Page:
Photo of Ted Case

It was a rough way to start the year in the Pacific Northwest. As this month’s feature story details, electric co-ops took a hard punch from Mother Nature as the calendar turned to 2022, leaving many without power.

Sometimes a combination of trees, ice and wind is too much for the system to handle. Co-ops need to send out their crews, and in some cases make an urgent appeal for other co-ops and PUDs to help repair equipment and restore power.

Those calls are always answered, which is one of the hallmarks of our business: Cooperation Among Cooperatives. While electric co-ops have terrific staffs at all levels, it is undeniable that co-op lineworkers are unique.

I am keenly aware that my job keeps me in an office where I am warm, safe and dry. I never have to climb a pole or repair a line in an ice storm in the middle of the night. Braving the elements is not the career I have chosen, but I have incredible admiration for those who have. Lineworkers answer the call to help those they have pledged to serve, even if it means missing a family dinner or their children’s extracurricular events.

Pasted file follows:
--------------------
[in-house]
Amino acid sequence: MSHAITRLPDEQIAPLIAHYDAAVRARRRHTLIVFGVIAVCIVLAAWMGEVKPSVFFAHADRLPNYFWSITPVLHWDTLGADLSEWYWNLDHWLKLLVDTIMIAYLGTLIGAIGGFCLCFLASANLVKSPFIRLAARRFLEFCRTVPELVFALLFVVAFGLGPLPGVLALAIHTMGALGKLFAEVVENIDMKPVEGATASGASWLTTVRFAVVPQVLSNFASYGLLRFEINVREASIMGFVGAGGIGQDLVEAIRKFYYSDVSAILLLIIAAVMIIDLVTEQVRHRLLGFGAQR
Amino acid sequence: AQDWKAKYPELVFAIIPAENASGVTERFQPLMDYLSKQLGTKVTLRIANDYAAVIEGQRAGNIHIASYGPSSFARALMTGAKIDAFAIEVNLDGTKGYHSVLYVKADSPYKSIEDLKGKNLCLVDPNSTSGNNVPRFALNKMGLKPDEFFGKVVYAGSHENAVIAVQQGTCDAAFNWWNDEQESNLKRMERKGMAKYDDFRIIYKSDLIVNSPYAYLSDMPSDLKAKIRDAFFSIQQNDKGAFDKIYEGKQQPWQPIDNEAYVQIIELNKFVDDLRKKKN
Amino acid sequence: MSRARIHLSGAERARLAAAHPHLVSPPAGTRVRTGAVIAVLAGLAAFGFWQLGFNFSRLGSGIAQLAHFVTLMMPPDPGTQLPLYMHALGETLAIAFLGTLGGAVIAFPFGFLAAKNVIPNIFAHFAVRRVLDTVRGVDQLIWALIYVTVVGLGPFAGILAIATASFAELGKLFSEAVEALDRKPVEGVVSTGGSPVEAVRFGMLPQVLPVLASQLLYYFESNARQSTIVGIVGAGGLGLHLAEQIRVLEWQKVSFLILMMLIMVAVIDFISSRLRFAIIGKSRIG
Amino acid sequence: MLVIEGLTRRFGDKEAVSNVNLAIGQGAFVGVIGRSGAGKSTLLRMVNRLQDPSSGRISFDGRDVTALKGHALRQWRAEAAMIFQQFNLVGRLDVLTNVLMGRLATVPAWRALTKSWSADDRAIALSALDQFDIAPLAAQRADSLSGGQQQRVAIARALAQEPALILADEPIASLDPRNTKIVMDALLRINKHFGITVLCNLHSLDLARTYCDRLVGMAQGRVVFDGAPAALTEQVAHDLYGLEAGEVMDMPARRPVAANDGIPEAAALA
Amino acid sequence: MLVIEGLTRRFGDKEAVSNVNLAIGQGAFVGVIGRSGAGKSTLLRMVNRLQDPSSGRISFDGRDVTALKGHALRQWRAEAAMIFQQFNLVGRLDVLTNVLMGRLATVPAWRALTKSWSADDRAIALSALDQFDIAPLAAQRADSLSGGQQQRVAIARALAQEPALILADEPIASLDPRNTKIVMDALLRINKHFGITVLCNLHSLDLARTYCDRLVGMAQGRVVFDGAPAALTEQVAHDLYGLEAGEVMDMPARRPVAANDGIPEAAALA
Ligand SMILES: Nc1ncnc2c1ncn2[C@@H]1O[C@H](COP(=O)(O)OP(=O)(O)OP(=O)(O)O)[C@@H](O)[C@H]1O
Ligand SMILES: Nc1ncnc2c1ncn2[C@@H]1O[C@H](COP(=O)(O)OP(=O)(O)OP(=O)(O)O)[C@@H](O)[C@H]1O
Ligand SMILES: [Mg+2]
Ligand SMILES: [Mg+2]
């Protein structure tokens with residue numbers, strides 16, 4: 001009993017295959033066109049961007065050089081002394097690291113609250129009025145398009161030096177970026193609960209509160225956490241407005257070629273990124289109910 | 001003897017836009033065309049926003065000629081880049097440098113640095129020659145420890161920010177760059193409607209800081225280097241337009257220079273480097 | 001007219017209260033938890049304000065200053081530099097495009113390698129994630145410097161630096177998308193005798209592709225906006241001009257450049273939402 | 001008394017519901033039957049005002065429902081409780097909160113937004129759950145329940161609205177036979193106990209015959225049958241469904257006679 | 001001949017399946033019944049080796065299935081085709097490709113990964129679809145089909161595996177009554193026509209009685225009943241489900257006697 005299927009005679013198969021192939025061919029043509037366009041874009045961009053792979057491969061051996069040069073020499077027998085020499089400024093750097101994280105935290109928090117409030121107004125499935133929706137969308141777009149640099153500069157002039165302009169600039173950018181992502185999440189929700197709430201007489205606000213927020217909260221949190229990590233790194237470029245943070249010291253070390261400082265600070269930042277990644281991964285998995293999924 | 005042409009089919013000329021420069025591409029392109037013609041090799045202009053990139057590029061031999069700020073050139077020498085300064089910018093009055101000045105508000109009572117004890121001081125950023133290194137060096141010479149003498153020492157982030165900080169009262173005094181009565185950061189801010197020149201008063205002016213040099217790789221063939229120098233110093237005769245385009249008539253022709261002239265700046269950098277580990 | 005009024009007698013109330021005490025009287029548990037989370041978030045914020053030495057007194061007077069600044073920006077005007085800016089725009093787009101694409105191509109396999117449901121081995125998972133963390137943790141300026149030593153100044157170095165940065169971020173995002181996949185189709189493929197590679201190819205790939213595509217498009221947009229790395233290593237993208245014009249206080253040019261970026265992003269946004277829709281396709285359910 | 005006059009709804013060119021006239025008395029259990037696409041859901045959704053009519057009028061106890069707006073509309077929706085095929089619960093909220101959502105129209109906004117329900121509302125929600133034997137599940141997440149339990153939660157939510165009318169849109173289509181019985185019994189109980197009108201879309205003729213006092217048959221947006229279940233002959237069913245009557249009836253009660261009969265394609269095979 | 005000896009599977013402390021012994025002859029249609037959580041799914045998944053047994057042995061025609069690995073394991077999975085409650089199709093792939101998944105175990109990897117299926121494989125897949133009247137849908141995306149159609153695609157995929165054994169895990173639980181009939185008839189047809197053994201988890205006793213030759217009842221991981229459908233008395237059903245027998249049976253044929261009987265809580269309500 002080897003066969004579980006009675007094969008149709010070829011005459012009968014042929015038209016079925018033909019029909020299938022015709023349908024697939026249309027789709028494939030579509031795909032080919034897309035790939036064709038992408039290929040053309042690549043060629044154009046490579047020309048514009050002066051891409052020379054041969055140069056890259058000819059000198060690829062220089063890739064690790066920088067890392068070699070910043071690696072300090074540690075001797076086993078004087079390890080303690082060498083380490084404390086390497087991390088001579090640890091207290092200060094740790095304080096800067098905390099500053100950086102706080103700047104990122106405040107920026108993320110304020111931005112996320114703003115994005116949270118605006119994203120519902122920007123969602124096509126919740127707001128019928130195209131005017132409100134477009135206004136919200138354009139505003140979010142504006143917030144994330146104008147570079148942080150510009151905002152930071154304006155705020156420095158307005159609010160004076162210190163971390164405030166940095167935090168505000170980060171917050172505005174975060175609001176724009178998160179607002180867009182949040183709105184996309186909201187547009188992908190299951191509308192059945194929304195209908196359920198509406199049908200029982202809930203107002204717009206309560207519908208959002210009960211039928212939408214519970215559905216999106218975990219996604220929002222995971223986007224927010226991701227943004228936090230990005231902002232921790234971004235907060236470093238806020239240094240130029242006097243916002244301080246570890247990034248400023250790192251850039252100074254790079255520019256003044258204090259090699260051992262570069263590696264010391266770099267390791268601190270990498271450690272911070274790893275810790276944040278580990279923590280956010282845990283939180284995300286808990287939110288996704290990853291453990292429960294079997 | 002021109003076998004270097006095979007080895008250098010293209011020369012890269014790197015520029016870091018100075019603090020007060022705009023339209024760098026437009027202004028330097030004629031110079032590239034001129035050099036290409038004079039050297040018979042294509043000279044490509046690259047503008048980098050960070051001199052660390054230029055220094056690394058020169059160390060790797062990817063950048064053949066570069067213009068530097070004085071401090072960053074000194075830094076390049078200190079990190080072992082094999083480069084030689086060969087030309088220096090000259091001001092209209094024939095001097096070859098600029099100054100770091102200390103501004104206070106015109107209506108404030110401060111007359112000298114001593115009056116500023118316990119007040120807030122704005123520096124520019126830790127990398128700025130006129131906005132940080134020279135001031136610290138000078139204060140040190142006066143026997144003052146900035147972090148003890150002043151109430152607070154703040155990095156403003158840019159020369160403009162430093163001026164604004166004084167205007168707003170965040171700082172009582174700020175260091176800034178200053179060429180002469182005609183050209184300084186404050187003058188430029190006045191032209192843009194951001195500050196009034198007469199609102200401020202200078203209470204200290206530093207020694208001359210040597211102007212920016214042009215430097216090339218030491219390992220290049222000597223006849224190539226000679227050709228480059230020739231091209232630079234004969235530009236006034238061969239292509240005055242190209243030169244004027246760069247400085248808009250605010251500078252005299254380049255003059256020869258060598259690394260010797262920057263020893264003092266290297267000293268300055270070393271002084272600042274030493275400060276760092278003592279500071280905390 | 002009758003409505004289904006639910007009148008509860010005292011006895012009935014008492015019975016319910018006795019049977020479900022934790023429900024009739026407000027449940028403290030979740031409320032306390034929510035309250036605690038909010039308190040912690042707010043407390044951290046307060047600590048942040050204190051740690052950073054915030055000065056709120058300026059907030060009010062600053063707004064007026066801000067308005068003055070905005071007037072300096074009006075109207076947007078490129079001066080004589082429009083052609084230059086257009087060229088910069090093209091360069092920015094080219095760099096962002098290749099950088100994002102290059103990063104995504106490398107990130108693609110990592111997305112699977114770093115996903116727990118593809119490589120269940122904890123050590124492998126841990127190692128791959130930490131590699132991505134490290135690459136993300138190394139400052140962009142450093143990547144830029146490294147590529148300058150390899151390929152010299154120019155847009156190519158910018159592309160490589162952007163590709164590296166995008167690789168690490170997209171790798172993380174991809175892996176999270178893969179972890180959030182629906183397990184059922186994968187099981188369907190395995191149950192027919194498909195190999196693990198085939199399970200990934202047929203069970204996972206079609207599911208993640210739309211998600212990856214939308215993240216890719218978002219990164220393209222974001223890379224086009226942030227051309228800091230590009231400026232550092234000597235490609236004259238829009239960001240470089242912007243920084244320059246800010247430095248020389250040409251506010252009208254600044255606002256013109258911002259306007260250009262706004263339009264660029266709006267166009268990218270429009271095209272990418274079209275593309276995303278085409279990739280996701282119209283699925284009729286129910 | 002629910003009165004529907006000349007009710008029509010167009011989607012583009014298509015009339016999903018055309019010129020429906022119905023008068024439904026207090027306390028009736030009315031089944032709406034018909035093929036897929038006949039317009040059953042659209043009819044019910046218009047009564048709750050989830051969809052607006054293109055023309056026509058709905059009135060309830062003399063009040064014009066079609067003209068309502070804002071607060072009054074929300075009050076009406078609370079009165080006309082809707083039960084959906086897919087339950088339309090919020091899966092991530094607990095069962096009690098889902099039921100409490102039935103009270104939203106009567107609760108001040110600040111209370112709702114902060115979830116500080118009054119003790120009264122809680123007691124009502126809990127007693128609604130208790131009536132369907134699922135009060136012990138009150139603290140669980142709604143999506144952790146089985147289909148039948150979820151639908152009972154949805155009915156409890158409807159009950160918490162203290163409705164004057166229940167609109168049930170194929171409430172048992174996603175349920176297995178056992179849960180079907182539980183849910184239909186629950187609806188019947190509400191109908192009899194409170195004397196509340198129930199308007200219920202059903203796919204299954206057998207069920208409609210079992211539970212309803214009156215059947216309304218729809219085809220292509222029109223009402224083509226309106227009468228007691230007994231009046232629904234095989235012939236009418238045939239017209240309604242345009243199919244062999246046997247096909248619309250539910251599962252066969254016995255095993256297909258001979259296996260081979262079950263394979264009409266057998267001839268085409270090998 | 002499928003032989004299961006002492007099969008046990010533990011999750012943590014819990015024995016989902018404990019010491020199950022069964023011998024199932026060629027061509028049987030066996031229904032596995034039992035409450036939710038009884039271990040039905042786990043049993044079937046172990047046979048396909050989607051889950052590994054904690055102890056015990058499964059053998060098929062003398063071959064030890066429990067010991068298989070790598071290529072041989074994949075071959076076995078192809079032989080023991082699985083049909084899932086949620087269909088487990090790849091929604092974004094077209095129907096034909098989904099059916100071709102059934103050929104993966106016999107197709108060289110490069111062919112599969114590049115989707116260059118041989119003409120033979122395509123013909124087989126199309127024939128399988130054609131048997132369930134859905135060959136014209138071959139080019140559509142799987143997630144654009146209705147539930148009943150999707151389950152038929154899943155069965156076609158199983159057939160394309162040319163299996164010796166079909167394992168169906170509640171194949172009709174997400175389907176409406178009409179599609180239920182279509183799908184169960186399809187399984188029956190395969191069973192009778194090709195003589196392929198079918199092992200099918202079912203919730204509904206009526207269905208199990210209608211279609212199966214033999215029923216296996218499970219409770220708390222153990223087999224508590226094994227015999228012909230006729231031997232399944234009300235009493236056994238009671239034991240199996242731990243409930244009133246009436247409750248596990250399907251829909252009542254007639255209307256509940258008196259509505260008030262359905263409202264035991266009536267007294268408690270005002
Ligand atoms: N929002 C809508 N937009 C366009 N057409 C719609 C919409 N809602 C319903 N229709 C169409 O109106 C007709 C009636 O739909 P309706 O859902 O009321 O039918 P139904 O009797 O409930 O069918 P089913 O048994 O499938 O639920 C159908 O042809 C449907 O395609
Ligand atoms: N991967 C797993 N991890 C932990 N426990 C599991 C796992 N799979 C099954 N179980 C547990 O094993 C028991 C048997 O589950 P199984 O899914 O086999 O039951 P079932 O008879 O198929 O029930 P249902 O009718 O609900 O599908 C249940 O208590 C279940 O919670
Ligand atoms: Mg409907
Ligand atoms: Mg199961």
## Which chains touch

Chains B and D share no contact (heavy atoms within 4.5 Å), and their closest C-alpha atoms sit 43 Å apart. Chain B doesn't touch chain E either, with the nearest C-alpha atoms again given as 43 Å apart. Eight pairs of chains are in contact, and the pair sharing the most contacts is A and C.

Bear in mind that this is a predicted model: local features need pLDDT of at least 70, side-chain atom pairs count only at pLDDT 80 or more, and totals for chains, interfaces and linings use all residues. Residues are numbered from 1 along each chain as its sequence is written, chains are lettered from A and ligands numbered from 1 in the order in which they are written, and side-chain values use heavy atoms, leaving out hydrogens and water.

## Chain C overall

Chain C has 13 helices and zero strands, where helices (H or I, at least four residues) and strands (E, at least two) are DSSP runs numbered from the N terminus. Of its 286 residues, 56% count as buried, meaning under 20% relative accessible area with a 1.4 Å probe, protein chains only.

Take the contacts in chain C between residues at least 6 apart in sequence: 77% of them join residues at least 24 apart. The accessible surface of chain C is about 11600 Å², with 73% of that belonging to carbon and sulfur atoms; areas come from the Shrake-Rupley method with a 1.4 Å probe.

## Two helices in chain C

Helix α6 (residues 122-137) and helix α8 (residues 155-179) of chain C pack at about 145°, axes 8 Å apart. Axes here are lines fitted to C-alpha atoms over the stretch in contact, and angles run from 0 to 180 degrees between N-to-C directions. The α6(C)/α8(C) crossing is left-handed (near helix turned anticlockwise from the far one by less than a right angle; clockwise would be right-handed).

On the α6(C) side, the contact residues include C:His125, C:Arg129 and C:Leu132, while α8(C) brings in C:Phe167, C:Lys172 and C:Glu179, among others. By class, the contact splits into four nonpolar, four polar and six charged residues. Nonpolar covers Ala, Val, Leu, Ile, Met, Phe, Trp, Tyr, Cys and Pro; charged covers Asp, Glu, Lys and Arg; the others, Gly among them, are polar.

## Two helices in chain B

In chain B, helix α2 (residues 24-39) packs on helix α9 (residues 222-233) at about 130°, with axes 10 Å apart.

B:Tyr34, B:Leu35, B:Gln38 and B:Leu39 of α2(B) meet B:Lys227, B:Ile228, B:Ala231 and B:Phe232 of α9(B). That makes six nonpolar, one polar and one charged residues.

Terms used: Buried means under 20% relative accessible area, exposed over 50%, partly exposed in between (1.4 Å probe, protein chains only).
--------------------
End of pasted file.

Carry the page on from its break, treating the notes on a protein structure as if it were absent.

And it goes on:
A lineworker’s job is fraught with peril, and that is why it consistently ranks among the top 10 most dangerous jobs in America along with loggers, steelworkers and truck drivers. Yet we probably all take them for granted, impatiently asking, as I have, “When is the power coming back on?”

Certainly, it is an inconvenience to be without power, and it can be far more than that, as we have witnessed in places such as Texas. But I know utility lineworkers are working around the clock, often in unimaginable conditions to restore power.

This year, I didn’t make many resolutions. But one I did make was to spend more time thanking those who put their lives on the line—literally—each and every day.

Ted Case
Executive Director